– Mix the dough slightly again with your hands.

– Divide the dough into small balls (about the size of an apple) and begin rolling them out on a floured surface until it becomes a thin pastry.

– Start cutting the pastry into rectangle pieces (approximately 12cm x 6cm)

– Add oil into a deep fry pan and allow to heat.

– Carefully place your dough sheet (one at a time) completely into the oil and using a set of tongs and a fork (or you can use 2 forks) quickly fold it three times to form a rolled shape (as pictured).

– Repeat this process until all your sheets of dough have been fried.

– To make the syrup, add honey, sugar, and water into a large pot and bring to a boil. Simmer for 10 minutes.

– Dip your Diples in the hot syrup and toss them a few times to coat them entirely with the syrup.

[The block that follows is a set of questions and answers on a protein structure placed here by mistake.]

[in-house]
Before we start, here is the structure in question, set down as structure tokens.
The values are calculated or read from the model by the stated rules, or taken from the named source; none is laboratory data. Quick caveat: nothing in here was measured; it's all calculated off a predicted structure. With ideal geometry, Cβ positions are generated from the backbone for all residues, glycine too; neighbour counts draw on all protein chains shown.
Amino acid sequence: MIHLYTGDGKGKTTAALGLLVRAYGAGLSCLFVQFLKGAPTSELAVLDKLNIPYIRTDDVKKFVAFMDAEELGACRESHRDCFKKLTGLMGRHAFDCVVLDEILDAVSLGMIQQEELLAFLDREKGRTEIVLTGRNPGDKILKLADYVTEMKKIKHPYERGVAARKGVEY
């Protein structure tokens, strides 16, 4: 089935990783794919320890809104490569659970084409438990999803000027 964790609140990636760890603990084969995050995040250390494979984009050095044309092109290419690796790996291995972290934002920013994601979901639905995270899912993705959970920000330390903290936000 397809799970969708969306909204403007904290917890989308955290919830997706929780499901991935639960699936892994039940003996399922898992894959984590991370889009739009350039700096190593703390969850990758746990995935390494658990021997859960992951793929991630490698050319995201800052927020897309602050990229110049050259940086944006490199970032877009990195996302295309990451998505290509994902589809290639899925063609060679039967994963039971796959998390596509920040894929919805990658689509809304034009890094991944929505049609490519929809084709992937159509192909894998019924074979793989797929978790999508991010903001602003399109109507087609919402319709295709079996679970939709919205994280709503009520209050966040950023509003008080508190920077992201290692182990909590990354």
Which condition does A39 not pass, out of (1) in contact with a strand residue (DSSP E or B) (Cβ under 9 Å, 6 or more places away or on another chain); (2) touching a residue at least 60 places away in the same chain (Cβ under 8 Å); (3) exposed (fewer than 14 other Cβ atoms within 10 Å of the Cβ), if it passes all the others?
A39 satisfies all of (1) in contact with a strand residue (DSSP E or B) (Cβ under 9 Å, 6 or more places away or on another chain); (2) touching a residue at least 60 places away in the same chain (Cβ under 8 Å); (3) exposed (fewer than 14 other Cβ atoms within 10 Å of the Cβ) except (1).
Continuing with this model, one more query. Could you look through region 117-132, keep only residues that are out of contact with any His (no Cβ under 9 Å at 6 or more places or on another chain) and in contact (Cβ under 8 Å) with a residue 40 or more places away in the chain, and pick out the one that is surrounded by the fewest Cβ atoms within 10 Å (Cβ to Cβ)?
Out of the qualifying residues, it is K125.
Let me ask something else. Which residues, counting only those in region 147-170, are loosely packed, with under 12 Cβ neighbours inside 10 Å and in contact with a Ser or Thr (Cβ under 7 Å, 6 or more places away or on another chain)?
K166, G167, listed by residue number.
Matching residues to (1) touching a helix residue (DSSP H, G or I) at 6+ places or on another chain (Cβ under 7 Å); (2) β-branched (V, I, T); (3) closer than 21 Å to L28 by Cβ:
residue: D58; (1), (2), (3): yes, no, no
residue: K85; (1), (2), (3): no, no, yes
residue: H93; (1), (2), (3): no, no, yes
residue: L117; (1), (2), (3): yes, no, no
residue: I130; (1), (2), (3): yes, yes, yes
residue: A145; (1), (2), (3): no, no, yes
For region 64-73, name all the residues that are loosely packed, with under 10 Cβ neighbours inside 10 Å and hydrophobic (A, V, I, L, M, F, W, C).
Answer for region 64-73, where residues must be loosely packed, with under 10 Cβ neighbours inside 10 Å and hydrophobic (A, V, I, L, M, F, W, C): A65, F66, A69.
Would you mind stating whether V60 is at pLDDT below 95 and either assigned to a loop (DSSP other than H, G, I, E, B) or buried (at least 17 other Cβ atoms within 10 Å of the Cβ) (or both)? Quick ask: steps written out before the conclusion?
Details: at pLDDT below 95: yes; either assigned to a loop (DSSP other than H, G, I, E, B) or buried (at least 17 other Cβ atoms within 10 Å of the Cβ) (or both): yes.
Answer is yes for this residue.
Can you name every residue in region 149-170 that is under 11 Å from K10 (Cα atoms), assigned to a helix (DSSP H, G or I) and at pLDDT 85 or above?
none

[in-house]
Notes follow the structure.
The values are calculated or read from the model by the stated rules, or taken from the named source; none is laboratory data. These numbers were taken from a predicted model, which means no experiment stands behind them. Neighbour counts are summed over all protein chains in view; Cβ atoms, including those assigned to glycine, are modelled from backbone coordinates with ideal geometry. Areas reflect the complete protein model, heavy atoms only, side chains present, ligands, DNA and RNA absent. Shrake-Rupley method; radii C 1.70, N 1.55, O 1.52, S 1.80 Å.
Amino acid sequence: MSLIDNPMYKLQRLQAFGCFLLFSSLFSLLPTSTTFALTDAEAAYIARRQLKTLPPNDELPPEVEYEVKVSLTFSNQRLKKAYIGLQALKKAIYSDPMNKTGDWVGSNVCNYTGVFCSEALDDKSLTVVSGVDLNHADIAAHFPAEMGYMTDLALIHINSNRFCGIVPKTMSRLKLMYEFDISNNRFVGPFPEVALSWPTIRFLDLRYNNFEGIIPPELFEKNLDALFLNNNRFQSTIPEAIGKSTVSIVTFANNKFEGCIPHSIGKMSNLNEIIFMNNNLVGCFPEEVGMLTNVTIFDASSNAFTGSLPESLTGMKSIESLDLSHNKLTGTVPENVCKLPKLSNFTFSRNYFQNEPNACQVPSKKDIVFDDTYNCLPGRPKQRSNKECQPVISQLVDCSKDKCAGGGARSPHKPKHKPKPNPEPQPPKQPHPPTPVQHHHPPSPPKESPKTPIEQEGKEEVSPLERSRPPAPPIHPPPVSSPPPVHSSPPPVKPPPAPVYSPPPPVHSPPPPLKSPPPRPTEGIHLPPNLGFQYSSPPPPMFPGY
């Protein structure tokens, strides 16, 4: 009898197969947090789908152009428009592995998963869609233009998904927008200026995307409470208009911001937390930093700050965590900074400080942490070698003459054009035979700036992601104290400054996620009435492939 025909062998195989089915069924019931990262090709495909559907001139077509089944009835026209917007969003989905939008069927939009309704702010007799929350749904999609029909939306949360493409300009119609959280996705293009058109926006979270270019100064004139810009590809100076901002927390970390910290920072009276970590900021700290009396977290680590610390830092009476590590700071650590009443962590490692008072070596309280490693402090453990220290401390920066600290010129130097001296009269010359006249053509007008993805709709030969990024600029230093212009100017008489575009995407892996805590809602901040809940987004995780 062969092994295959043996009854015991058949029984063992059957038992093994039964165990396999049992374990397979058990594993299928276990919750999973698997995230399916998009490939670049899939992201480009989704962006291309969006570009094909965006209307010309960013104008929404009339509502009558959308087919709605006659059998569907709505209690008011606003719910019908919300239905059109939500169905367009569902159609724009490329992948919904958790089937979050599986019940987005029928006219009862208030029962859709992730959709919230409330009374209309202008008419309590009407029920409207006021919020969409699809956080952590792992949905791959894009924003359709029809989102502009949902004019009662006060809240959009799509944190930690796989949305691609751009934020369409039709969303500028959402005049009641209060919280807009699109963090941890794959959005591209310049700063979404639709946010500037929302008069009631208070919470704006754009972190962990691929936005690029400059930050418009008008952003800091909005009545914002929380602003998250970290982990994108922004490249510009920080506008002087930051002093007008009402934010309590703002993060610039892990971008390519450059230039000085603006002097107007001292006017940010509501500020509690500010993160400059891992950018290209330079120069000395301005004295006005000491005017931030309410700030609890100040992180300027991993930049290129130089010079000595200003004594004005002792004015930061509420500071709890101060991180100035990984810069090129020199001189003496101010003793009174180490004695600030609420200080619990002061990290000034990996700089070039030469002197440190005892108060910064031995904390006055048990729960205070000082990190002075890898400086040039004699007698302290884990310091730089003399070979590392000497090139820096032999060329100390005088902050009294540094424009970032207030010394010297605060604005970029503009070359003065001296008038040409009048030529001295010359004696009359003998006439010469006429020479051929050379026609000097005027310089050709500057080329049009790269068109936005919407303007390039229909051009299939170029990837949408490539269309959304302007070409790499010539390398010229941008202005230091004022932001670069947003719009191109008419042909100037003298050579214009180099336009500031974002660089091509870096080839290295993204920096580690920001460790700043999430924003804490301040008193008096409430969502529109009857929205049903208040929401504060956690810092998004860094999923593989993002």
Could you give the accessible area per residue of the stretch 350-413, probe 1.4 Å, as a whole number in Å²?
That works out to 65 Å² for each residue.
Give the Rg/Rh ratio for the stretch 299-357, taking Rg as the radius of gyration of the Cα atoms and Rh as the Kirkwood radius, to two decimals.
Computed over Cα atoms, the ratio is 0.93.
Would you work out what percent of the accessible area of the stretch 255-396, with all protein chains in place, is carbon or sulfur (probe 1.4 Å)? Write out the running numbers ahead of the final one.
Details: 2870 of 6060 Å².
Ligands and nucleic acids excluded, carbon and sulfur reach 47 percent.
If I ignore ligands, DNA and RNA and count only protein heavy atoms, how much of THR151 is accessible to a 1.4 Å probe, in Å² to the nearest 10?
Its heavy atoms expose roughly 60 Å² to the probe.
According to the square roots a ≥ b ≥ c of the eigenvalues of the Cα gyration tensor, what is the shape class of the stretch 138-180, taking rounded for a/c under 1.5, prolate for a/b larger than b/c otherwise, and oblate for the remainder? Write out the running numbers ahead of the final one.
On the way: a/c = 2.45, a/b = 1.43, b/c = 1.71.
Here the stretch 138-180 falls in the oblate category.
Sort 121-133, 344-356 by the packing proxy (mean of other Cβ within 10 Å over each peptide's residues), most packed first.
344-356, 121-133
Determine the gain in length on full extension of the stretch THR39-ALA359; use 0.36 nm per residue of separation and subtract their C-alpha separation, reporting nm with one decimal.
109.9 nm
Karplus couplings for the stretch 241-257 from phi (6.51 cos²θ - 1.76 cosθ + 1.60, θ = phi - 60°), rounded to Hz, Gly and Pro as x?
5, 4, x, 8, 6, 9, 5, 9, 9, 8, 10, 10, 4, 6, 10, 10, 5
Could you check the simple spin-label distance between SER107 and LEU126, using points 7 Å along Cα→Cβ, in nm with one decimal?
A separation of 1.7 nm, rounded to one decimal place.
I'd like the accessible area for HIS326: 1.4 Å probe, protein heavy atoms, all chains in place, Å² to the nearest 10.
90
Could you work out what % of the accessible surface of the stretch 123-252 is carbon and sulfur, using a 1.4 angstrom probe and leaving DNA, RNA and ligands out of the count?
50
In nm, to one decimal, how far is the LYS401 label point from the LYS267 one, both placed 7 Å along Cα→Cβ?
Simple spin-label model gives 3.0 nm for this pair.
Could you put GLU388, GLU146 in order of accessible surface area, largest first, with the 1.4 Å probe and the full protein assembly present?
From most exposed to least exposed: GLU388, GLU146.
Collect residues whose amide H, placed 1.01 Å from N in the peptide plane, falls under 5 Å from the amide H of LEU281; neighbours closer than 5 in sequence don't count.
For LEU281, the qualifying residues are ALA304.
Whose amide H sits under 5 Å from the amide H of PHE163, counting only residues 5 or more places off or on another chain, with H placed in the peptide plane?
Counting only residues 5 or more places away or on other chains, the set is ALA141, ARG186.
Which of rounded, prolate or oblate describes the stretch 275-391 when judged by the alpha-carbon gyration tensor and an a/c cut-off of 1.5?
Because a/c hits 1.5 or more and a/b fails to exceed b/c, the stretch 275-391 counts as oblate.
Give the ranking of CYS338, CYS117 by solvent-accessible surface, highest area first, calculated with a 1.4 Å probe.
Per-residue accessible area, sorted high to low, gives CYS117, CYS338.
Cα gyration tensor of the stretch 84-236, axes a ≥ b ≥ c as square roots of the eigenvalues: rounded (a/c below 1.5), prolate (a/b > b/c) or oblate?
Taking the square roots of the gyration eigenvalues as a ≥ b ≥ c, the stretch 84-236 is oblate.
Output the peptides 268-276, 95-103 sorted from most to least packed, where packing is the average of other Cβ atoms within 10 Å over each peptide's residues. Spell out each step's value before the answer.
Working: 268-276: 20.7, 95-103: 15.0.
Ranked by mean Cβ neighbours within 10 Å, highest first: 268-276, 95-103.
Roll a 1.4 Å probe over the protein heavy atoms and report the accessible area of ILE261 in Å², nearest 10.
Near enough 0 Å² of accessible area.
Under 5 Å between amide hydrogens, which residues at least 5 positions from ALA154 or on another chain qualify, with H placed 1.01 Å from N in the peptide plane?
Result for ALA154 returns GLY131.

– Repeat until all the Diples have been dipped in the syrup.

– Sprinkle with finely chopped walnuts and ground cinnamon.

– Diples may be served immediately or you can store them in an airtight container in a cool dry place for up to a week.

*Recipe & Images by IN+SIGHTS GREECE

Homemade Bougatsa Recipe

Bougatsa is a traditional Greek sweet that consists of layers of crispy filo pastry, filled with a delicious creamy custard, and dusted with cinnamon and icing sugar.

Here is our much loved family recipe, which I first shared a few years back on my former food blog Flavours & Flair.


  • 1 x packet filo pastry (375 grams) Insights Greece - Homemade Bougatsa Recipe